Vancouver memorial march draws attention to violence against women

by Yolande Cole, Georgia Straight, Feb 14, 2013

22nd Annual Women's Memorial March in Vancouver's Downtown Eastside, Feb 14, 2013.

22nd Annual Women’s Memorial March in Vancouver’s Downtown Eastside, Feb 14, 2013.

Red and yellow roses marked the sites where aboriginal women were remembered today (February 14), as well over 1,000 people joined the women’s memorial march through Vancouver’s Downtown Eastside.

The 22nd annual event aimed at honouring missing and murdered women began at noon as dozens of drummers formed a circle in the intersection of Main and Hastings. The two-hour march then wound through Gastown and along East Hastings Street as elders conducted traditional ceremonies at sites where women have died or were last seen.

Organizers of the march say there are now over a dozen similar events held across the country to remember the missing and raise awareness of violence against women—a sign they indicate gives them hope that people are listening.

“I’m so excited to know that there’s 16 more across Canada, which means the word is spreading, and awareness is being raised,” said Mona Woodward, a member of the February 14th Women’s Memorial March Committee.

For Michele Pineault, whose daughter Stephanie Lane’s DNA was found on Robert Pickton’s farm, the faces and names of missing and murdered women inscribed on quilts and placards are the faces of “educators”.

“I look at these women as educators now,” she told reporters. “They are teaching about the problem that’s going on, and it’s got to stop. It’s still happening and as a mother, it’s not a life that you want to live.”

This year’s march came two months after Wally Oppal released over 60 recommendations stemming from the B.C. missing women inquiry.

Pineault said she’s particularly hopeful to see the results of Oppal’s call for a compensation fund for the children of missing and murdered women. She has been raising her 16-year-old grandson since Lane went missing when the child was eight months old.

“You know I just want to see him have a future—I want to see him be able to go to college,” she told the Straight. “One of the things I feel saddened about is he didn’t just lose a mother, he had to watch me grieve, and grieve horribly for years, because we didn’t know where she was for six years.”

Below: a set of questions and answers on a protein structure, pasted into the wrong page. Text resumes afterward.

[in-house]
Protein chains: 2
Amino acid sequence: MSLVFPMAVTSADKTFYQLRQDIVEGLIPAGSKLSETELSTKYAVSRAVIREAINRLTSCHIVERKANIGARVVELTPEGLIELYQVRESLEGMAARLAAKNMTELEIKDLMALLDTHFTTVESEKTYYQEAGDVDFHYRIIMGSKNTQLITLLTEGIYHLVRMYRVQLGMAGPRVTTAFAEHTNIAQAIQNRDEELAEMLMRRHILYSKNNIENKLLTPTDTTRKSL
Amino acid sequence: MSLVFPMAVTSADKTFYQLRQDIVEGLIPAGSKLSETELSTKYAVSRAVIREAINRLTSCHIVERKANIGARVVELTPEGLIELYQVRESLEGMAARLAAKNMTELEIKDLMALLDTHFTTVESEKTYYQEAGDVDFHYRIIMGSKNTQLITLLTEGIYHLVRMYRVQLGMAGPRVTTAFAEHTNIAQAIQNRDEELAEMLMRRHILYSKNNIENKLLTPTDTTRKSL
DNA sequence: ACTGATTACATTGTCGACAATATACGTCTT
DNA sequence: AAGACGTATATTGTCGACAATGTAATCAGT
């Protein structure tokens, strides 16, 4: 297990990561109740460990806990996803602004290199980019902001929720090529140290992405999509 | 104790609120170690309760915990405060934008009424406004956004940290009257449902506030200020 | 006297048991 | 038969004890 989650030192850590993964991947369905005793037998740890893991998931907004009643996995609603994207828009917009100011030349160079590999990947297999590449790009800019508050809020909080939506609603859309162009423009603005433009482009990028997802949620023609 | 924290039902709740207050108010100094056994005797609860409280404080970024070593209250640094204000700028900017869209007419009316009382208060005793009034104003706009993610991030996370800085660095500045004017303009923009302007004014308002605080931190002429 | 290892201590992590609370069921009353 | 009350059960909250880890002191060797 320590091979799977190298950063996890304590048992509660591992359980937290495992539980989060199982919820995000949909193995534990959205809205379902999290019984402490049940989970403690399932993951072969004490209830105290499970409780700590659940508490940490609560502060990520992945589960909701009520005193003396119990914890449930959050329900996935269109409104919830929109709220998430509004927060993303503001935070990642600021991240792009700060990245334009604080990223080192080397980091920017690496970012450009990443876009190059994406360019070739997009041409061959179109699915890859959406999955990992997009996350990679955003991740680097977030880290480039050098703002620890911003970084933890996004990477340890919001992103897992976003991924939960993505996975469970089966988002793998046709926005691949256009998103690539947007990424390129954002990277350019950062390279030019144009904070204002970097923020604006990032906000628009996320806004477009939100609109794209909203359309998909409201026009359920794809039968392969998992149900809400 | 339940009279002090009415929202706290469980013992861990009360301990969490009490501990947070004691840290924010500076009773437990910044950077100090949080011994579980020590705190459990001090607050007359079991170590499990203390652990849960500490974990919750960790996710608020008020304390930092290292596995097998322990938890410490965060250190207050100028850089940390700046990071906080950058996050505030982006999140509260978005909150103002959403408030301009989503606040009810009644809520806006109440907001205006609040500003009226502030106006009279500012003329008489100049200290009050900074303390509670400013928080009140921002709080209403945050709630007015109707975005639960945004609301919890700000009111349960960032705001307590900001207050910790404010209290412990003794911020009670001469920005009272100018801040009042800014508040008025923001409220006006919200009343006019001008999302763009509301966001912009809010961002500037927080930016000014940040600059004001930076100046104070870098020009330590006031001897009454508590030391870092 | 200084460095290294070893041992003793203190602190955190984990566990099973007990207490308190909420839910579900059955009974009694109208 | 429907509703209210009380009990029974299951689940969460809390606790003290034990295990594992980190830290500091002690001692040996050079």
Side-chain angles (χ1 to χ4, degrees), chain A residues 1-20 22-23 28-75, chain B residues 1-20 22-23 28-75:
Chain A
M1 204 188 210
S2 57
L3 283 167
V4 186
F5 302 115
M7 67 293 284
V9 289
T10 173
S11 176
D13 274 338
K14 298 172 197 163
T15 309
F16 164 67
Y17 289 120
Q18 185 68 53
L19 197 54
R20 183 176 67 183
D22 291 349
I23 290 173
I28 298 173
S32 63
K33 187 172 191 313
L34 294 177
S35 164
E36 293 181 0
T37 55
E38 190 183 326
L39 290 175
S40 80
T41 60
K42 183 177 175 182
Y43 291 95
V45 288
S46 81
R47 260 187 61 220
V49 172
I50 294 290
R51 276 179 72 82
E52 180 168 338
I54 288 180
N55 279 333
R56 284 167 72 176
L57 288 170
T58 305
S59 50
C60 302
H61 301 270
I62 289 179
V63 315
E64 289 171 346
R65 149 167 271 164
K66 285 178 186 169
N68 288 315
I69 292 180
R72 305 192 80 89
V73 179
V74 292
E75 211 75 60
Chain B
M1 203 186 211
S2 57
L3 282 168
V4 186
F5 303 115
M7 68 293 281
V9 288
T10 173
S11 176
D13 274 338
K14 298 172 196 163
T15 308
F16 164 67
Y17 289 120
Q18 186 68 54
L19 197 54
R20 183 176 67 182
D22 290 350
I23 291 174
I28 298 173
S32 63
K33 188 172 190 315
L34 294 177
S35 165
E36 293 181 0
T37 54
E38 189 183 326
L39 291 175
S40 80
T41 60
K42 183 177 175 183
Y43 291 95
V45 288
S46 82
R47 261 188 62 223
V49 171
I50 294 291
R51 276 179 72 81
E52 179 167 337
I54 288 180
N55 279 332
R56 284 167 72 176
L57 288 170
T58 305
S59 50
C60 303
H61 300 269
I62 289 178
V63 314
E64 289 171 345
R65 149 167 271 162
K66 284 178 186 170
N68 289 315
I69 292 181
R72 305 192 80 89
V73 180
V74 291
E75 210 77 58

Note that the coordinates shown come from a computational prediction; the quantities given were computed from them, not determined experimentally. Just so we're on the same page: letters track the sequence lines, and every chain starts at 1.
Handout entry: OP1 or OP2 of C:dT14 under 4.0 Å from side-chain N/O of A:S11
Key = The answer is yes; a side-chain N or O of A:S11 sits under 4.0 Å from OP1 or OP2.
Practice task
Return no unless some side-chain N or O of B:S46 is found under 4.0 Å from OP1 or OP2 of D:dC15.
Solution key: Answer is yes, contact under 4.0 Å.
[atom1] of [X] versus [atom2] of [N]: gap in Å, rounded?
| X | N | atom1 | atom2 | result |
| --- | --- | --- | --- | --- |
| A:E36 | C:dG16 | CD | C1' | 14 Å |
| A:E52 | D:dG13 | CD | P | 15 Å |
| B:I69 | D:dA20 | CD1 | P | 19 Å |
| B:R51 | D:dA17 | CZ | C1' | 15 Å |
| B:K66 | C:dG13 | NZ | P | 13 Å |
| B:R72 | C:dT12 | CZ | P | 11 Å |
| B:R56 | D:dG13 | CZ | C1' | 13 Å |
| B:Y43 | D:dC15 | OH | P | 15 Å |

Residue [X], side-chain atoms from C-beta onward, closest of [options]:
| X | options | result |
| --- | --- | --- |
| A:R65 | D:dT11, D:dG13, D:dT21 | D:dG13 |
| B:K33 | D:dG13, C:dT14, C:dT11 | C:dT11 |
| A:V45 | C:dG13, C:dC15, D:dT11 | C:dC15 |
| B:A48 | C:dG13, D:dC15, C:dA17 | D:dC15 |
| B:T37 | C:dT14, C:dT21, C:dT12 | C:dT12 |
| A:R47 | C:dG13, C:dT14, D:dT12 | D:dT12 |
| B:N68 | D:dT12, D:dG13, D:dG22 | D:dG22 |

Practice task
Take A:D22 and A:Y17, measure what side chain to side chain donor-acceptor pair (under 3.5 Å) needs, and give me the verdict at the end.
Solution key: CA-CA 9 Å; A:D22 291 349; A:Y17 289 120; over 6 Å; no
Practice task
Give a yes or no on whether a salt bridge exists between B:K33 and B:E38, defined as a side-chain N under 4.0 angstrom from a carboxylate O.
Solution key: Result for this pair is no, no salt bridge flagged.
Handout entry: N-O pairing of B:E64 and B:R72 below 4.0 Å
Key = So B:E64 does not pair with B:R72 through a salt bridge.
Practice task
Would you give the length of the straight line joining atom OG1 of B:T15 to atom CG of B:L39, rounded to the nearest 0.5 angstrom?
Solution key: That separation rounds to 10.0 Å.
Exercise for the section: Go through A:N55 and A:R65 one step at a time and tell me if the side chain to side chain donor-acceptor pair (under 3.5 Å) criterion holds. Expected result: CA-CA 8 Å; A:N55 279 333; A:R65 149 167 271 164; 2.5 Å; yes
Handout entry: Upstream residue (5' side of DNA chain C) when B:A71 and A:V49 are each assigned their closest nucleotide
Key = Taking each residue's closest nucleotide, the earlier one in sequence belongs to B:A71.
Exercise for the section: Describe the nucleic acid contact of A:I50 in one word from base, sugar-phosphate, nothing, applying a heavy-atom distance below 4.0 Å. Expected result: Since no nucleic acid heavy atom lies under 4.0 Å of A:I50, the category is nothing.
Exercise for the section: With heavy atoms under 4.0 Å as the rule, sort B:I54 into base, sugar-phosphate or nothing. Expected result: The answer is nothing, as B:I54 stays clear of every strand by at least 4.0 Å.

“There were 75 children who were left behind without mothers because of Pickton,” she added. “I’m hopeful that that [fund] will come through so that he can go to school.”

Steven Point, who was appointed to oversee the implementation of Oppal’s recommendations, was among the participants in the march today.

The former B.C. lieutenant-governor, who appeared emotional when he emerged from the Carnegie Centre following a memorial service for the women, said he hopes to include community groups in his work.Missing Murdered Women Task Force poster

“I want them on my committee—I’m asking them to take part in that,” he said in an interview. “I’m meeting with them and trying to find out how we can work together to make these recommendations come to life.”

Marlene George, an organizer with the February 14th Women’s Memorial March Committee, noted that Point will also need to have “the political backing” to bring about change through the recommendations.

“We as community members are going to be watching out for that whole process, so somebody if they’re saying that they’re going to put the money forward, they’re going to do things differently, well we’re all watching,” she told the Straight.

Beverley Jacobs, the former president of the Native Women’s Association of Canada, said she’s “always hopeful” that positive changes will be made.

“This year my thoughts are, we have all the reports, we have all the recommendations…so I think it’s time to act on them,” she said in an interview as she participated in the march. “We’ve got to stop making recommendations and start putting the proper resources into what’s needed.”

Demonstrators also gathered earlier in the day as part of the One Billion Rising movement against gender-based violence.

Around 50 people formed a circle in Thornton Park near Main and Terminal Streets, holding up letters to spell the word “respect”.

Former Vancouver city councillor Ellen Woodsworth said she’s hoping to see political leaders address the issue of violence against women during the upcoming provincial election.